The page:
In the 1900s, during the heated debates concerning the status of the Georgian church, he emerged as one of the leaders of the Georgian autocephalist movement, calling for the restoration of the autocephalous (independent) Orthodox Church of Georgia abolished by Imperial Russia in 1811. Waged for the most part in the press and church committees, the struggle peaked during the Russian Revolution of 1905 and occasionally evolved into violent clashes. The Georgian bishops pointed out that under the Russian exarches sent down from St. Petersburg to run Georgia’s ecclesiastic affairs, the Georgian church lost some 140 million rubles’ worth of property and estates; church schools had been closed down, and the use of Georgian in the liturgy discouraged; twenty episcopal sees lay vacant and seven hundred and forty parishes were without pastors.[2] The Georgians sent an appeal to the tsar, but nothing came of this. Autocephaly was denied. The conference of Georgian clergy which met at Tbilisi in 1905 was dispersed by police and several "autocephalists" were arrested.[3] Ambrosius was banned from celebrating the liturgy and confined in the Troitsky Monastery at Ryazan. The struggle culminated in 1908, when the Russian Exarch of Georgia, Archbishop Nikon, was murdered on 28 May at his residence in Tbilisi by unidentified assassins, allegedly by a Georgian nationalist. No one was ever tried or convicted for the murder,[4] and although the links of the Georgian autocephalists to the crime remained unclear,[5] the initial police investigation concluded they had been behind the murder of Nikon, and the Russian authorities used the situation as a pretext for removing Georgian bishops from their posts. Ambrosius was also suspended from serving and deported to Russia. He was acquitted in 1910, but it was not until the 1917 events when he was allowed to return to Georgia.[1] Although the Georgian autocephalist movement earned worldwide sympathies, the dispute dragged on indecisively for years, until the outbreak of World War I relegated it temporarily to the background.[6]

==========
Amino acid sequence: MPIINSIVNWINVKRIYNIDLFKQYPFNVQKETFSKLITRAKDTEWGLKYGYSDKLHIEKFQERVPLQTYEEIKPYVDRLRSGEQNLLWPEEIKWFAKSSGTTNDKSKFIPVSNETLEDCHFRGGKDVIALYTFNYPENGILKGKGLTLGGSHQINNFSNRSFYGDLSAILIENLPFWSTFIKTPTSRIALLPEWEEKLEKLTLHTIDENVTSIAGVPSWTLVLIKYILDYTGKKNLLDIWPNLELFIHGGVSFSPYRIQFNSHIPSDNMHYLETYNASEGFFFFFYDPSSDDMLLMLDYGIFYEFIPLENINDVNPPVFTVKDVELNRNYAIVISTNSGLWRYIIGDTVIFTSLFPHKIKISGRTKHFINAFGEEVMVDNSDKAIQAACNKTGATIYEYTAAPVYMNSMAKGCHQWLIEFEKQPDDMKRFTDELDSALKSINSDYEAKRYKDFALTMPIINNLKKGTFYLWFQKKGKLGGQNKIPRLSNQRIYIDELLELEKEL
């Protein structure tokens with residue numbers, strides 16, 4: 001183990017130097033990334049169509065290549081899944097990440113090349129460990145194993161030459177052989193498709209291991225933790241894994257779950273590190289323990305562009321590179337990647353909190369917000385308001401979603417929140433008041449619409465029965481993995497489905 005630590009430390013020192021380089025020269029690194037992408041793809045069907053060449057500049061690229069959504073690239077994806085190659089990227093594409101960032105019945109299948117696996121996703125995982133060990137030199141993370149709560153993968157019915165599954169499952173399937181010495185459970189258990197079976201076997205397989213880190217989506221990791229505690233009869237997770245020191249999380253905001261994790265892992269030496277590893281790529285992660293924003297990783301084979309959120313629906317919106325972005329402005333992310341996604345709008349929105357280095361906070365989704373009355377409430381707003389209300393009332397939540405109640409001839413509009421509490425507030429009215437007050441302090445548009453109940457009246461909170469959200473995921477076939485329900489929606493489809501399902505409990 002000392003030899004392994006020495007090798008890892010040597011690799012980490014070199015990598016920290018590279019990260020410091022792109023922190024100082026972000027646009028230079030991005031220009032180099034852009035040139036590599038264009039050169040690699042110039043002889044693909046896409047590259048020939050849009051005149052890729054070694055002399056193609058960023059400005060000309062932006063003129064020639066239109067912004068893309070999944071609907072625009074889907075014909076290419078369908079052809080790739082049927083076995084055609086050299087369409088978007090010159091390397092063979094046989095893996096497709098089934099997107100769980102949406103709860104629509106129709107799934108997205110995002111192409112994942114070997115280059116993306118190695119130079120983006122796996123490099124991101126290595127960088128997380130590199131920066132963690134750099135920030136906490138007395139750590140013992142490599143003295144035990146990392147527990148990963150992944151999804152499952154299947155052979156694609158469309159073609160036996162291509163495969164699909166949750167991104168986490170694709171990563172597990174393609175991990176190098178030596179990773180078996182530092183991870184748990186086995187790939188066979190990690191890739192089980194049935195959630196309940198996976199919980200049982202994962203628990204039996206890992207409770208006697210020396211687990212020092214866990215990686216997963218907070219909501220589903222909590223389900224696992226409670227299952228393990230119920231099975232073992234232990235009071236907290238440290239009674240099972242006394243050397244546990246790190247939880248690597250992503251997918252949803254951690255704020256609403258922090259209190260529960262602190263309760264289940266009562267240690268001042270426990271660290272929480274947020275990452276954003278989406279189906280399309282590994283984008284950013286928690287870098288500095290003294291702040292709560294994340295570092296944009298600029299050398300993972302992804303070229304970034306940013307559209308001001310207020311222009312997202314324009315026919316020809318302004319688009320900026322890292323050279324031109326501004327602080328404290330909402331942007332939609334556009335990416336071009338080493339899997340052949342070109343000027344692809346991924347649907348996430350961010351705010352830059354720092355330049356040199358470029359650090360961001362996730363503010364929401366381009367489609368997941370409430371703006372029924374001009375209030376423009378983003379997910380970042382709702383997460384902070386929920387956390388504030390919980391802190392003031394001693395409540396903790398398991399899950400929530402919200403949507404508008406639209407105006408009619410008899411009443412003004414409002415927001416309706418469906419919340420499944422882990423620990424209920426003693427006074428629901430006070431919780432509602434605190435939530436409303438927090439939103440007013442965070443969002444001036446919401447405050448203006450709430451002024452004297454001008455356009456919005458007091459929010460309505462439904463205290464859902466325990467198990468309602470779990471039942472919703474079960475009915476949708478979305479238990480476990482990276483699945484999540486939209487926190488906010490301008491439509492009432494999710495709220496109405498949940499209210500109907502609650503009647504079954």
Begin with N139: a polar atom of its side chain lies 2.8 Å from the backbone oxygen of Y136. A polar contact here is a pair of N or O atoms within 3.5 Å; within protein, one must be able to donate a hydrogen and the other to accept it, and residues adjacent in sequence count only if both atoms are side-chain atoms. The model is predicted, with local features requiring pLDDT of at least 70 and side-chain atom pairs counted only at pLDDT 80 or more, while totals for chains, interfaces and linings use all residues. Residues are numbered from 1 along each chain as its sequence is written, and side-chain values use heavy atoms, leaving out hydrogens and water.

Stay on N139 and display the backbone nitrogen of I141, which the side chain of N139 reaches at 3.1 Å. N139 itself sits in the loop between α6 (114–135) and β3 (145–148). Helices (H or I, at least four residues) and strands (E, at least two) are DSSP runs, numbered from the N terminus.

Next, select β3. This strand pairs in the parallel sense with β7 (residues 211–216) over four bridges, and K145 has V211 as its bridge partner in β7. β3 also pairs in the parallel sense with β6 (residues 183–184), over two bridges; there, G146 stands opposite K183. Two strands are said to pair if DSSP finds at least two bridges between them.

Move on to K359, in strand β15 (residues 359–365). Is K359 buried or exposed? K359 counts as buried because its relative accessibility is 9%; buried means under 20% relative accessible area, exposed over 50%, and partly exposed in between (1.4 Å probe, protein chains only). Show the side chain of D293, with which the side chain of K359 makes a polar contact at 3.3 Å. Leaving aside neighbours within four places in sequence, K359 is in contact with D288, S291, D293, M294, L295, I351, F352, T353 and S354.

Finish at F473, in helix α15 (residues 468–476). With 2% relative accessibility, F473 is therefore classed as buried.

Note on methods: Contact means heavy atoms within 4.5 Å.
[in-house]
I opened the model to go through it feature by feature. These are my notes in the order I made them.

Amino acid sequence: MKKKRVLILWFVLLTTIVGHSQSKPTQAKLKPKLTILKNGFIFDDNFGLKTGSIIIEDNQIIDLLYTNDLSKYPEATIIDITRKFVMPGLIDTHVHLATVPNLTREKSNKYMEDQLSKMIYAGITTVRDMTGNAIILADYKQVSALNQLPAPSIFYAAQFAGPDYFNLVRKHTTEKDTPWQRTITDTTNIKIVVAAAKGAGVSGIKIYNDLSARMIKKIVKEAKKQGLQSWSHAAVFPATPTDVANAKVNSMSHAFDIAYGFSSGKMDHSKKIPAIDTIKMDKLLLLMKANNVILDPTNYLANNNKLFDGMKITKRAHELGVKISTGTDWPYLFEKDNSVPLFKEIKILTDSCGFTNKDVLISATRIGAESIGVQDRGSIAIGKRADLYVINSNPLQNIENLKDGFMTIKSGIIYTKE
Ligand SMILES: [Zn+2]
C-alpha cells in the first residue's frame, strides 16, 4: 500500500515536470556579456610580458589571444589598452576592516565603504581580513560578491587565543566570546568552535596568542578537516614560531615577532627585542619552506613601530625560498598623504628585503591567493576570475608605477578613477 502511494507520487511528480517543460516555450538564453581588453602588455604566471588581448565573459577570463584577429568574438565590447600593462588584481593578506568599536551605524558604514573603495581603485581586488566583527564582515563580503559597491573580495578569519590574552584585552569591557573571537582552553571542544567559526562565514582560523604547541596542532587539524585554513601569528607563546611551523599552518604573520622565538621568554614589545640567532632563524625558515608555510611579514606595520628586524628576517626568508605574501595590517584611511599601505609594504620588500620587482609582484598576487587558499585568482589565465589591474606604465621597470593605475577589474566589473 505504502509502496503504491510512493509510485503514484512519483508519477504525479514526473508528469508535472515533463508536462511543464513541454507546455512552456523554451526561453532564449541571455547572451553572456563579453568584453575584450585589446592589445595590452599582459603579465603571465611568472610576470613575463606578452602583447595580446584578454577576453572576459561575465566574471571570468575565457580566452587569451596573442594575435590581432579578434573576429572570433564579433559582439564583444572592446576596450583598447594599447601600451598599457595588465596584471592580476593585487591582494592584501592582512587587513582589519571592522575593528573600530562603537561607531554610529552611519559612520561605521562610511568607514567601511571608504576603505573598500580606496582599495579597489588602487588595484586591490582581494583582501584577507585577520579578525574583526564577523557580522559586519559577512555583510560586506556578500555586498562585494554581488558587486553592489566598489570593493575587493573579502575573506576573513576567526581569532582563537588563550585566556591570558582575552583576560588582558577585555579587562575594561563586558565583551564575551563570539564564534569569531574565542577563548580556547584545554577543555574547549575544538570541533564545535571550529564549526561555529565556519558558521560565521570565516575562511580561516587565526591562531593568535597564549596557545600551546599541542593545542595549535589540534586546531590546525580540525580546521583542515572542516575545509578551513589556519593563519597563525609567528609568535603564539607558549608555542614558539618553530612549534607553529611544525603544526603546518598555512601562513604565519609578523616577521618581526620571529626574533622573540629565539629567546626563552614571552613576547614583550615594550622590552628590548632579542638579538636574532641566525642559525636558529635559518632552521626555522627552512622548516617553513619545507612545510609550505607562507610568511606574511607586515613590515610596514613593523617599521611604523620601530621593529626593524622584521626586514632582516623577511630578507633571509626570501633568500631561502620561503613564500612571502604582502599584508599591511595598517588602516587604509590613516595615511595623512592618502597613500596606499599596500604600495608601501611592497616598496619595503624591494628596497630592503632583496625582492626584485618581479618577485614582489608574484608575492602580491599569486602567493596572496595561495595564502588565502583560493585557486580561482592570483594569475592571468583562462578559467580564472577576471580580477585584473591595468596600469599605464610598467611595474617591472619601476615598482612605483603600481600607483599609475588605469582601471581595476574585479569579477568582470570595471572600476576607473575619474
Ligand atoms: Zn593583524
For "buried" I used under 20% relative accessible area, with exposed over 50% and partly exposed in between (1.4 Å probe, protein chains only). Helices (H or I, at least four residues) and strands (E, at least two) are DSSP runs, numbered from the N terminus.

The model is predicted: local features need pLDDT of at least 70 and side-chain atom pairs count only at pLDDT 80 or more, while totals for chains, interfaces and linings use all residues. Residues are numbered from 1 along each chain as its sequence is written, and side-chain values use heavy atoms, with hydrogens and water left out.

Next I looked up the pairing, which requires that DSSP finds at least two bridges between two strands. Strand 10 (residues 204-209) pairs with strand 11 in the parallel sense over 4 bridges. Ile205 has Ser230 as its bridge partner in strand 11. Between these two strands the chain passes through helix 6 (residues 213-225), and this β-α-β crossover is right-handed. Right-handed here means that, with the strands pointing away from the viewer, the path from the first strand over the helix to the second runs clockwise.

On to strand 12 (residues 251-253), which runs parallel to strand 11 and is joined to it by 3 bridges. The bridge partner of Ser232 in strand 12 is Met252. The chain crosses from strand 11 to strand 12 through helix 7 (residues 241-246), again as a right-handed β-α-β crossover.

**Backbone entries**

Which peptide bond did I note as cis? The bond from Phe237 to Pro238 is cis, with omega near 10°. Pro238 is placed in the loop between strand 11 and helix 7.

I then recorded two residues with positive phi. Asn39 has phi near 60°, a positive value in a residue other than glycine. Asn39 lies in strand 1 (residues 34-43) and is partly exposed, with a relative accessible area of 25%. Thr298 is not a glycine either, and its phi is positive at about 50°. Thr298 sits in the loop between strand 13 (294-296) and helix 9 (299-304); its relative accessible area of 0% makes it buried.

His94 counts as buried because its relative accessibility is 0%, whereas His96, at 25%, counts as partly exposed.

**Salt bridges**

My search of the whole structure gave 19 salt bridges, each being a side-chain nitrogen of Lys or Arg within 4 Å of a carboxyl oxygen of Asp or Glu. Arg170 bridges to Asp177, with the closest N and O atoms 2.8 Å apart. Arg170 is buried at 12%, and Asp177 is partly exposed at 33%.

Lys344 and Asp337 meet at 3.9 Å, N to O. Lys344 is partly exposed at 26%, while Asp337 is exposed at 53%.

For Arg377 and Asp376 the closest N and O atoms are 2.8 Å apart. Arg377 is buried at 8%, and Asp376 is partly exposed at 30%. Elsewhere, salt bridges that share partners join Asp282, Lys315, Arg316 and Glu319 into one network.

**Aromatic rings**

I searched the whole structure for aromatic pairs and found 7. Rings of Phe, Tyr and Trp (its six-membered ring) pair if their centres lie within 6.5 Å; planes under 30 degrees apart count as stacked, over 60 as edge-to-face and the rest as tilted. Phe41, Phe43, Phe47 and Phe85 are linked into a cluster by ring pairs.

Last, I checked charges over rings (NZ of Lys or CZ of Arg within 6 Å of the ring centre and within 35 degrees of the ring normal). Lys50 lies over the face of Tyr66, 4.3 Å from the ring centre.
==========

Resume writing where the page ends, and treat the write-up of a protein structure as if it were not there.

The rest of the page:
The 1917 February Revolution in the Russian Empire and the ensuing turmoil in both church and state gave an opportunity to the Georgian Church to reassert its autocephalous status. On March 12, 1917, a group of Georgian clergymen proclaimed the autocephaly of their Church and elected Bishop Kyrion as Catholicos Patriarch. The Most Holy Synod of the Russian Orthodox Church refused to recognize the move, and the result was a break in communion between the two Churches.[7] Ambrosius was soon consecrated Metropolitan of Chkondidi, western Georgia, and then transferred to Abkhazia.